Passivhaus in the tropics The renovation of a garment factory in Sri Lanka to a certified Passivhaus shows how the methodology can work both with an industrial asset and in a tropical climate Dragos Arnautu
Sri Lanka is largely known for its growing tourism sector, beautiful tea plantations and massive clothing industry. This long history in garment manufacturing sometimes raises questions about the working conditions in older factory buildings, mainly because of the hot and humid climate combined with insufficiently ventilated and often noisy working spaces. So, when the opportunity arose to renovate an old factory building in capital city Colombo, Jordan Parnass Digital Architecture (JPDA) sought to make drastic 38 Journal May/June 2020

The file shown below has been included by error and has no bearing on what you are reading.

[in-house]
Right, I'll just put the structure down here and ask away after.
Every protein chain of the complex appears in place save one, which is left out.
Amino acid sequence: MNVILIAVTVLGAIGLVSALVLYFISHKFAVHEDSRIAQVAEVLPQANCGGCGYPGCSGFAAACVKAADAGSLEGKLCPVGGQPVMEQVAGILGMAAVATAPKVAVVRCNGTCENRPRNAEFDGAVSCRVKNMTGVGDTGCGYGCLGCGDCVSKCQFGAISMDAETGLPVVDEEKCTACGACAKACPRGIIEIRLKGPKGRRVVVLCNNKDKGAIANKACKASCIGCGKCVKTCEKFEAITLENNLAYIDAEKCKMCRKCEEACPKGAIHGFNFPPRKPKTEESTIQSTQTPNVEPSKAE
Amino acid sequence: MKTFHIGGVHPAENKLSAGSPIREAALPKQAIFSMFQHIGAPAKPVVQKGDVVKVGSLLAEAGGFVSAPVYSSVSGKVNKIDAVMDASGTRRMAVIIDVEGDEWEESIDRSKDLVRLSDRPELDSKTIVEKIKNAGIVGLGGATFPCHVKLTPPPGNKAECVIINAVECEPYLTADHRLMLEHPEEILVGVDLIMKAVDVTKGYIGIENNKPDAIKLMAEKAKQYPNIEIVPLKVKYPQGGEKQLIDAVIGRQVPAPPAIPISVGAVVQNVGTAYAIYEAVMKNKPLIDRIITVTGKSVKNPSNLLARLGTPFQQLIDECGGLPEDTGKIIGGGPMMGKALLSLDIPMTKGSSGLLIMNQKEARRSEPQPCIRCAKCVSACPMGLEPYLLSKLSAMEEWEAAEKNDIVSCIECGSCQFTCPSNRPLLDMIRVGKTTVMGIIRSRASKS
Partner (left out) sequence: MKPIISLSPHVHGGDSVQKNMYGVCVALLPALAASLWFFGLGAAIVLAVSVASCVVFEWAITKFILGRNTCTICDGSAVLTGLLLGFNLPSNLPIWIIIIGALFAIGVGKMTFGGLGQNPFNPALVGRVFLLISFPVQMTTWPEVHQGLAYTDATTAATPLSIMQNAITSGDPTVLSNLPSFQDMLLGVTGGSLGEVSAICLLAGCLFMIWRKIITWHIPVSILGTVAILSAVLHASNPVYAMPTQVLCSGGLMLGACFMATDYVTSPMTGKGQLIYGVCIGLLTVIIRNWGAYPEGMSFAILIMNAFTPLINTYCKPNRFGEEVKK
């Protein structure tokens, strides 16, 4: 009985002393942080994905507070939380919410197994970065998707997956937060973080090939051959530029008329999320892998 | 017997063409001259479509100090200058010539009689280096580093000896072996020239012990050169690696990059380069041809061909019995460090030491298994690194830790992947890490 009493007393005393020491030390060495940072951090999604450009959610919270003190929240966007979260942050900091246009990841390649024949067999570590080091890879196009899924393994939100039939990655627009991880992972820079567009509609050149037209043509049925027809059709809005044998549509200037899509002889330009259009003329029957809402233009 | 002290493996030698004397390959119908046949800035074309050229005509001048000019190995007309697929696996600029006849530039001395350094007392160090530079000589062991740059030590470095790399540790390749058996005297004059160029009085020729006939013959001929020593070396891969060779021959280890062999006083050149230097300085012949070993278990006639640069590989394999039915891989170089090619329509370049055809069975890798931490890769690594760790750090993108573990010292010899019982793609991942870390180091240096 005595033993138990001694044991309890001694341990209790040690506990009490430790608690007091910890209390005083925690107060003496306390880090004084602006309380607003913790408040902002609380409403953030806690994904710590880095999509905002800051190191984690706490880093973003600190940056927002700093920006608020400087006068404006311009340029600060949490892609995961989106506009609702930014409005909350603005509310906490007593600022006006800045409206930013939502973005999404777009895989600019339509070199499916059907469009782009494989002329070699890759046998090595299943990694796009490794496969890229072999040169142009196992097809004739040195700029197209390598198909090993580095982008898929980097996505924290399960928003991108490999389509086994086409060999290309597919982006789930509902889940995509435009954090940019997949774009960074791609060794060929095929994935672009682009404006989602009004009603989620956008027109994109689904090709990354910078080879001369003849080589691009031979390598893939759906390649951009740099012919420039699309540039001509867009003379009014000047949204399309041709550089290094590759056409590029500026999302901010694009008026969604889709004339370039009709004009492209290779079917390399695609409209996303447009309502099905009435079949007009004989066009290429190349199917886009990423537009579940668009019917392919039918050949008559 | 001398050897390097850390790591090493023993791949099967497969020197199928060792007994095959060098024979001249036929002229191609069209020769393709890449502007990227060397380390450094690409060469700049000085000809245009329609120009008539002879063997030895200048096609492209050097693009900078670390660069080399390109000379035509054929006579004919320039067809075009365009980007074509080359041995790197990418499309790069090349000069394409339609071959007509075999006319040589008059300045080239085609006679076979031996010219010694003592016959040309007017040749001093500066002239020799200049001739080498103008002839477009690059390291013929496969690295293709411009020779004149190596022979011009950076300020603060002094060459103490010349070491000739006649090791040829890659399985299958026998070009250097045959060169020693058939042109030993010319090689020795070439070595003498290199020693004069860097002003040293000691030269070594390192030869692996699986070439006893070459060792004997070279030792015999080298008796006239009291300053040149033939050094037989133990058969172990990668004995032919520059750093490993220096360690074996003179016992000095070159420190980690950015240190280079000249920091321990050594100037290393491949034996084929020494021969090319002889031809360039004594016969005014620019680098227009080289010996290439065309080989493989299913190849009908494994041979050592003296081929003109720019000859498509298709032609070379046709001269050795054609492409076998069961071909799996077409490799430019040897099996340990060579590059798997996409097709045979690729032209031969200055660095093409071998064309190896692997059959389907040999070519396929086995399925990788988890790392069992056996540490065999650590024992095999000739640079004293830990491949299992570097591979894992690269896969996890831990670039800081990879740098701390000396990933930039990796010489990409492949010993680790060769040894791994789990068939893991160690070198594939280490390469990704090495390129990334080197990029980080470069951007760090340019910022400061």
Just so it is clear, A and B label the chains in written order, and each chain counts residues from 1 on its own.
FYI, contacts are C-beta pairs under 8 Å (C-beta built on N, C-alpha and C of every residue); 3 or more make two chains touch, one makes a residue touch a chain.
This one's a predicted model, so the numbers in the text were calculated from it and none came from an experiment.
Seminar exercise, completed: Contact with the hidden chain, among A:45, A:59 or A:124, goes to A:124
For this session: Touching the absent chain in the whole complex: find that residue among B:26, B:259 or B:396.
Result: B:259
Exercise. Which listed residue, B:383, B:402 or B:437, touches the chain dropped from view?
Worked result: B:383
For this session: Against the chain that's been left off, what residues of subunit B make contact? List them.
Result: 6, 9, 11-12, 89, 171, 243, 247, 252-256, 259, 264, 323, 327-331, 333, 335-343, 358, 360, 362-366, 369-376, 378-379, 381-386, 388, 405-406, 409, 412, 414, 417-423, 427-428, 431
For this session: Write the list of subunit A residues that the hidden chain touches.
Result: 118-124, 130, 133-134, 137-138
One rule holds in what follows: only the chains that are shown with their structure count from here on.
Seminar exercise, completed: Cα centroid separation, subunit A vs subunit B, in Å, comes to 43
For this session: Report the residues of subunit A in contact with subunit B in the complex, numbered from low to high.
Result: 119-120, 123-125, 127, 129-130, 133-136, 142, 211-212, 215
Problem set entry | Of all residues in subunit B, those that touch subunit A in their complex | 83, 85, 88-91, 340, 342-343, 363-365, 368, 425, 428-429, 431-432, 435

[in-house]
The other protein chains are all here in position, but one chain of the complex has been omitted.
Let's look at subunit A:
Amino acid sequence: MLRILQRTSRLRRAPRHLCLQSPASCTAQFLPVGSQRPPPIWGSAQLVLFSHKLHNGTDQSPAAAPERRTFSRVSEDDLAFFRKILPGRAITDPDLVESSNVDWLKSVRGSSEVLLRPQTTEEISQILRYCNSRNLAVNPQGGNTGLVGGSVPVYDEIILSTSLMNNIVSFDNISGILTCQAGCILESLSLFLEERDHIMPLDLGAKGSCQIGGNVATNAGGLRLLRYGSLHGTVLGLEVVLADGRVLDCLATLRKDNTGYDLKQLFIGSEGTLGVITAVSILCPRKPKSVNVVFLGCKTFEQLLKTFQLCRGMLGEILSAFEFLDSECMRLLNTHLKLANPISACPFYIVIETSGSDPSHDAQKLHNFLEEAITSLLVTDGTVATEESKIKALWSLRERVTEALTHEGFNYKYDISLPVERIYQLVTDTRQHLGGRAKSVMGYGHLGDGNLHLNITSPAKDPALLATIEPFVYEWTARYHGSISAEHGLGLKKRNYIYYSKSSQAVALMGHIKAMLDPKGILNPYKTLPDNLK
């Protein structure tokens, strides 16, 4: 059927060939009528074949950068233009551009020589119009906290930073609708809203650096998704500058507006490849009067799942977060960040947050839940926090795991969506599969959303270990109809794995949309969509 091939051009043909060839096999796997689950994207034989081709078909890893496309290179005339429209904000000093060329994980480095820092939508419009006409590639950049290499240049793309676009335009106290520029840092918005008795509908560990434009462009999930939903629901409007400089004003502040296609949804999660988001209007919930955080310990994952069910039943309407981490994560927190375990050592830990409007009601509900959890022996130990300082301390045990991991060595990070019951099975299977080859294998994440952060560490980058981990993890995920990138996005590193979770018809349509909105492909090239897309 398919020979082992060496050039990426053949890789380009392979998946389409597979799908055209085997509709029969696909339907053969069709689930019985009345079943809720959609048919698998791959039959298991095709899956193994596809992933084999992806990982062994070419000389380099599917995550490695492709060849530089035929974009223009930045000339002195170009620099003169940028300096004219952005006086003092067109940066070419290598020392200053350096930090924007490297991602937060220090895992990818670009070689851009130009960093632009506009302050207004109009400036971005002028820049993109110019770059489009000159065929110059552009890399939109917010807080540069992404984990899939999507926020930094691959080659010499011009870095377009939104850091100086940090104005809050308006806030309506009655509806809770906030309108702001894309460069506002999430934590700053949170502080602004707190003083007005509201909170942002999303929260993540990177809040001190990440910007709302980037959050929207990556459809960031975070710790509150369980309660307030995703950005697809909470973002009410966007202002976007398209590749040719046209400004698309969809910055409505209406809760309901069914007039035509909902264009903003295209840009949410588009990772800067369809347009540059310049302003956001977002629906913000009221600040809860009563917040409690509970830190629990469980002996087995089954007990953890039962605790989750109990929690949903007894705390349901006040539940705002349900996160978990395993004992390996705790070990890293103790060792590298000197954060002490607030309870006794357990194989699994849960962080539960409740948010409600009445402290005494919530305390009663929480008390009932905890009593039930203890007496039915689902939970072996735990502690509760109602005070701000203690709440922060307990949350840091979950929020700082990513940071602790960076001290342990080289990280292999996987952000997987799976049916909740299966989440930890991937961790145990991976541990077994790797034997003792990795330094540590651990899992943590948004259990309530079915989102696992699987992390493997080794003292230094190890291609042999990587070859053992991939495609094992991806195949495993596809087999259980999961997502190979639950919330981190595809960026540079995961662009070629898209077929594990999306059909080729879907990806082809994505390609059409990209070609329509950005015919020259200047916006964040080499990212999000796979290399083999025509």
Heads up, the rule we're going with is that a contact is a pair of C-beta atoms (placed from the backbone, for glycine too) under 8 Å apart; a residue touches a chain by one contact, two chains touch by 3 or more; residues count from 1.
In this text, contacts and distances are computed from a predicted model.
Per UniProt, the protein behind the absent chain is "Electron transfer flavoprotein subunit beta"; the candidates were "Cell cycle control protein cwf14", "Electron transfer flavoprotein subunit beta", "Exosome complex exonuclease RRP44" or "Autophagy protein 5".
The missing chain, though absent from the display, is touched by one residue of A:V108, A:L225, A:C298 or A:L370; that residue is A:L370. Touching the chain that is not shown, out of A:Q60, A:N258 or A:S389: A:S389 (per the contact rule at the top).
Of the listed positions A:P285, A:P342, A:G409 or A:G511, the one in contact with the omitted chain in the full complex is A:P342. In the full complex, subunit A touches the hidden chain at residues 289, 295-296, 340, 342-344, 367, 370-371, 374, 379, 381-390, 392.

improvements in the energy efficiency of the building and the working environment. The goal was to design a state-of-the-art factory that would achieve the Passivhaus certification. Working with a project team across the globe, the Passivhaus Institut was charged with benchmarking, verification and certification of the retrofitted factory in Colomboâ€™s Katunayake district. Pioneering sustainability The Star Garments Innovation Centre is the first Passivhaus-certified building in
Sri Lanka, assessed against the stringent EnerPHit standard that was designed by the institute for the renovation of existing buildings. The projectâ€™s location in a hot and humid climate and its use as a manufacturing facility meant increased attention was paid to strategies that would reduce solar gain, as well as lowering heat from equipment and occupants. Controlling the humidity is not only essential for achieving the Passivhaus certification but also in ensuring better thermal comfort for the workers.